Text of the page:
Beef Processing Chillers for Meeting USDA Standards

They say that, if you knew how beef was processed, you might become a vegetarian. However, beef remains a staple food in U.S. society, and chillers are essential for keeping meat safe for human consumption. In this post, we examine an important publication from the U.S. Department of Agriculture: “Safe and Suitable Ingredients Used in the Production of Meat, Poultry, and Egg Products.” This helps both meat processors and consumers to consider why refrigeration might be needed and what kinds of materials are acceptable for use in the manufacturing plant. It’s important to keep in mind here that this is not an exhaustive list and that consumers who really want to insure that they are eating safe foods could ask to inspect the plants where their products are made.

How Do Beef Processors Make Meat Safe While Keeping the Components Chilled?

There are many chemicals that fall under the classification of antimicrobials approved for use in meat processing. For example, there are a variety of mixtures, such as an aqueous mixture of peroxyacetic acid, hydrogen peroxide, acetic acid, 1-hydroxyethylidene-1, 1-diphosphoric acid, and sulfuric acid which is used to process water or ice for washing, rinsing, storing, or cooling whole or cut meat, including carcasses, parts, trim, and organs. It’s possible that consumers will read all of the chemicals used to process the parts of a cow, and we might be surprised. However, we hope that the chemicals are applied in amounts that do not harm us when we consume beef.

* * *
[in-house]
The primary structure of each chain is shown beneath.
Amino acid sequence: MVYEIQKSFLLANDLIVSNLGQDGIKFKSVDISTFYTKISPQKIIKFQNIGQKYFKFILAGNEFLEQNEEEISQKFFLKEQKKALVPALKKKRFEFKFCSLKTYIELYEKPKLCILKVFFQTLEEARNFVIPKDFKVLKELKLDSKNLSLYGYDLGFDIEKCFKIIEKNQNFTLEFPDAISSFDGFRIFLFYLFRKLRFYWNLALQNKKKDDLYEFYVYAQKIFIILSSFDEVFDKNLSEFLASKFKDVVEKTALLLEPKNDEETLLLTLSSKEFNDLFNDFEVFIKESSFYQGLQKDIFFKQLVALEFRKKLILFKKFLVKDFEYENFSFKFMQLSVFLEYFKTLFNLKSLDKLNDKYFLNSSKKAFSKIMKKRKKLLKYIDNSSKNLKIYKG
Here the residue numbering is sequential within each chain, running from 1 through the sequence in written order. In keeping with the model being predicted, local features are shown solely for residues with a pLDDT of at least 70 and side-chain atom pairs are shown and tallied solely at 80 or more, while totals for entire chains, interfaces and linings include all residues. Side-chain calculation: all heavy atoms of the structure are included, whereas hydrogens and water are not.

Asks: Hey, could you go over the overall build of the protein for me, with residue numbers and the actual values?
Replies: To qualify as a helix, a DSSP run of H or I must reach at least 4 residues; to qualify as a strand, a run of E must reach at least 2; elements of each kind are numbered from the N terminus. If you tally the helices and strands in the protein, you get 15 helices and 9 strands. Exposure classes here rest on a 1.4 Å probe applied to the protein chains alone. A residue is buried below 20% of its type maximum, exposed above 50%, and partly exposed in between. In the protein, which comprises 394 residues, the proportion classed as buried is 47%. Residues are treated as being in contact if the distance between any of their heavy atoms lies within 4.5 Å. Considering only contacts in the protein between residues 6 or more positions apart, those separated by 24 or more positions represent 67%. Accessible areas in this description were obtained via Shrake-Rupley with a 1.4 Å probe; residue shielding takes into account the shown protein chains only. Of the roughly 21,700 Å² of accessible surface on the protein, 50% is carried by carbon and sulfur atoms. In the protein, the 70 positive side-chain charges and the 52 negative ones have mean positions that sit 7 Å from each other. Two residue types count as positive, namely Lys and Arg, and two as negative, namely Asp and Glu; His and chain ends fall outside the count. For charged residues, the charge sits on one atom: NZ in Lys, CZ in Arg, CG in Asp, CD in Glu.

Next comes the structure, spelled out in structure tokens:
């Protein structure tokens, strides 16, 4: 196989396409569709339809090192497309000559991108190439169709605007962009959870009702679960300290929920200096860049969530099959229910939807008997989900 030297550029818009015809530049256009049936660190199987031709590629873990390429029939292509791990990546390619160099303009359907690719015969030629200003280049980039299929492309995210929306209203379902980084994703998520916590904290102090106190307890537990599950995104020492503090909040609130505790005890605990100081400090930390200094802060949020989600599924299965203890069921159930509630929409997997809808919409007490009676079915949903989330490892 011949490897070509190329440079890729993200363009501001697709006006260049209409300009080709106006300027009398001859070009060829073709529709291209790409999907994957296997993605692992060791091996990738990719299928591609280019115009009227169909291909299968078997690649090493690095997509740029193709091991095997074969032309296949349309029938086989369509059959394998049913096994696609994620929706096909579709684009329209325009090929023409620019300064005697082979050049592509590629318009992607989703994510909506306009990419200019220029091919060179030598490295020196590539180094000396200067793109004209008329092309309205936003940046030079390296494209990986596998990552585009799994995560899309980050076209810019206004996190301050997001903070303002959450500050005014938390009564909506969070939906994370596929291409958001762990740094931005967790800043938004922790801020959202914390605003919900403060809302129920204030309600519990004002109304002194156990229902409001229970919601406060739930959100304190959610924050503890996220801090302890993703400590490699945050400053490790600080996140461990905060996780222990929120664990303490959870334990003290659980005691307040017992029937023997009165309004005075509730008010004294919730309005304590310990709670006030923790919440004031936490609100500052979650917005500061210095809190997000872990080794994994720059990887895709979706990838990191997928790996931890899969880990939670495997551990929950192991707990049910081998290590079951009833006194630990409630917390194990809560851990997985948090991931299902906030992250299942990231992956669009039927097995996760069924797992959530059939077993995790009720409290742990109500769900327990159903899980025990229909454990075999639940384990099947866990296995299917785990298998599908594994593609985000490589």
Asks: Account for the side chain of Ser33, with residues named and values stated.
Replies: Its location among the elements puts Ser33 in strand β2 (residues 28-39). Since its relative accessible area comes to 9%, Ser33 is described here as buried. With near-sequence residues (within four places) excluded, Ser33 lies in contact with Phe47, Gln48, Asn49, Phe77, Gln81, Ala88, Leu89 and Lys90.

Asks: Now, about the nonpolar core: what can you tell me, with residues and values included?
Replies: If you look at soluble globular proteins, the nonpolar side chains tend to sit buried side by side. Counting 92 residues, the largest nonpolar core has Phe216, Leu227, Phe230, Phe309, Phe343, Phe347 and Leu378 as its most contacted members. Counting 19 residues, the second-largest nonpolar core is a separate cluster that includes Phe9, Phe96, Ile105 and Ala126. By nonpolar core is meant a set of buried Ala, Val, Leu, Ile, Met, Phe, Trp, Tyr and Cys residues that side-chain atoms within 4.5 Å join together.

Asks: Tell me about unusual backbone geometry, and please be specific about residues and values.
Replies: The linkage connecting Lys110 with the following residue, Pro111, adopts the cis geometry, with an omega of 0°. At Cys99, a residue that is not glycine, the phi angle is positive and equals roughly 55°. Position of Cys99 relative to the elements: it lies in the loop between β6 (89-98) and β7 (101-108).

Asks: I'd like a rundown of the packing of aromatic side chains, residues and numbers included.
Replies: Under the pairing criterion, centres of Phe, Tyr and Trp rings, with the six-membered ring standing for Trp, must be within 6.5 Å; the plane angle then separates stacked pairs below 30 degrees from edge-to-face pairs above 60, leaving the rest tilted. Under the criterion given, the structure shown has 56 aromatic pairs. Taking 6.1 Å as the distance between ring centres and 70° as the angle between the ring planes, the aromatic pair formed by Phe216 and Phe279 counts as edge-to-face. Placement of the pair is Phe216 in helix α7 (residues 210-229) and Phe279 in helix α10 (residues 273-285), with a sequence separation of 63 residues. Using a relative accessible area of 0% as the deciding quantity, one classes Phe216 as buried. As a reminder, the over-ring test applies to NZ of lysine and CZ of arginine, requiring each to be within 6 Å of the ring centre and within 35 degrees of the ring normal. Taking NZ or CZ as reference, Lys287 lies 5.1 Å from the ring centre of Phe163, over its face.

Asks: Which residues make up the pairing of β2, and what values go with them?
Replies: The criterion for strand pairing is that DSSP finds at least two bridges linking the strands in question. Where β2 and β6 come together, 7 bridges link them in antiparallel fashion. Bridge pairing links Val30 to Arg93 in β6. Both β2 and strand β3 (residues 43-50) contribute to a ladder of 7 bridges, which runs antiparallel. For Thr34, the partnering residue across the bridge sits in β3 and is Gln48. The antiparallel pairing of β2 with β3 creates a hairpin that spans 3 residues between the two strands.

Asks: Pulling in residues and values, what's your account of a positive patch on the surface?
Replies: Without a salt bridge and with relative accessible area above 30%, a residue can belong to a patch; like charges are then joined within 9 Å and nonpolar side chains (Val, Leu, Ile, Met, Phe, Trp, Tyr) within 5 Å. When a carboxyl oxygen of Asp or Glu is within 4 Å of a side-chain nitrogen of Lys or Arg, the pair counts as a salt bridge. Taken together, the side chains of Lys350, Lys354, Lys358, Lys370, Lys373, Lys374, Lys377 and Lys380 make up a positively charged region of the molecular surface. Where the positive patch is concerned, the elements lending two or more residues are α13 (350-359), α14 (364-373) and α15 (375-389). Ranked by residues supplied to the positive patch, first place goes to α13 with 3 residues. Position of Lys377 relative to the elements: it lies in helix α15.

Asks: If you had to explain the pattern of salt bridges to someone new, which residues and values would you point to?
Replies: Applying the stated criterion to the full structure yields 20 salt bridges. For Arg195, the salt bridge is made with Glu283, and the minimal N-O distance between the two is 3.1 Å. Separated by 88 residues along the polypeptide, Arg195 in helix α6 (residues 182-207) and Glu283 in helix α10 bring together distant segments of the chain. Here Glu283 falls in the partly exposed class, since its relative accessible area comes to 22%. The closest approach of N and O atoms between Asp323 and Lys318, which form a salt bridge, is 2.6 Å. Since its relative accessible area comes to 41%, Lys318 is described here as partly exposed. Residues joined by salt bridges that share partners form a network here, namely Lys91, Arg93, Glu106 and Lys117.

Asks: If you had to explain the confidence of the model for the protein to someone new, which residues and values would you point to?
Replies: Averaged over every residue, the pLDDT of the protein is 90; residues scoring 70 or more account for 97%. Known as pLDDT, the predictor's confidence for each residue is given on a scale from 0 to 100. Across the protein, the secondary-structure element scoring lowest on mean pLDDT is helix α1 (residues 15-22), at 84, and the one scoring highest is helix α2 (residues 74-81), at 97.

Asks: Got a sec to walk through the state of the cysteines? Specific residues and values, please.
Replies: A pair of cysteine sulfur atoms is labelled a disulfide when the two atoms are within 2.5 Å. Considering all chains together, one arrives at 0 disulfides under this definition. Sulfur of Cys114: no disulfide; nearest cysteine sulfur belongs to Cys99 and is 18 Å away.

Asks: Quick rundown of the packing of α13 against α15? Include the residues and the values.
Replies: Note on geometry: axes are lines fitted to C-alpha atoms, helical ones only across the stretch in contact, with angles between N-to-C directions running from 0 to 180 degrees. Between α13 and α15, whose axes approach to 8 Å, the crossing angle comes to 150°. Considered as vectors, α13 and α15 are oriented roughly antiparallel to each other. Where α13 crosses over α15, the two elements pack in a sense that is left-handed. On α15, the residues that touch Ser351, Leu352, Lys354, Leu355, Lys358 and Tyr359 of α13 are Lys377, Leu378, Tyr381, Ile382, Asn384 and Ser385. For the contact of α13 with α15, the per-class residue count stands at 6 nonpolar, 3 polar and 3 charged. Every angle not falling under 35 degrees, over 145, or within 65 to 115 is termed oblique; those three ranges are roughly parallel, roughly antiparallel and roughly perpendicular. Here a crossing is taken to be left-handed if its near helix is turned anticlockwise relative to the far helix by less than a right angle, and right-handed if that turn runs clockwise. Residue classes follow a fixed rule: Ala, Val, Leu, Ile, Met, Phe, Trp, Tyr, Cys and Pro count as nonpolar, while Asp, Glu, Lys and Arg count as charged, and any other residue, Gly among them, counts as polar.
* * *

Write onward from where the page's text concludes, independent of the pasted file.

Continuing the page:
What to Do When You Introduce a New Technology

If you will process beef, remember not all chillers available for rent are built to the same standards to keep meat carcasses, parts, trim, and organs cooled to the right temperature. The chillers that we maintain in the J.C. Younger Company use only chemicals and technologies approved by government inspectors  and are built to keep beef parts cool. Any time a beef processor will introduce a new technology, then they must seek approval from the FSIS. “FSIS defines ingredients as any substances added to food, the intended use of which results or may reasonably be expected to result, directly or indirectly, in its becoming a component or otherwise affecting the characteristics of food.

These include substances intended for use in producing, manufacturing, packing, processing, preparing, treating, packaging, transporting, or holding food, including any source of radiation intended for any such use.” It is the responsibility of the meat processor to provide scientific evidence for how the new technology will impact consumers. A new technology that is submitted for review must include a description of its intended use, the method of use, appropriate safety measures, how it complies with current regulations, and how it will not interfere with FSIS inspection procedures.

What to Look for in a Beef Processing Chiller

If your plant will process meat using a rented beef processing chiller from the J.C. Younger Company, here are some things to look for: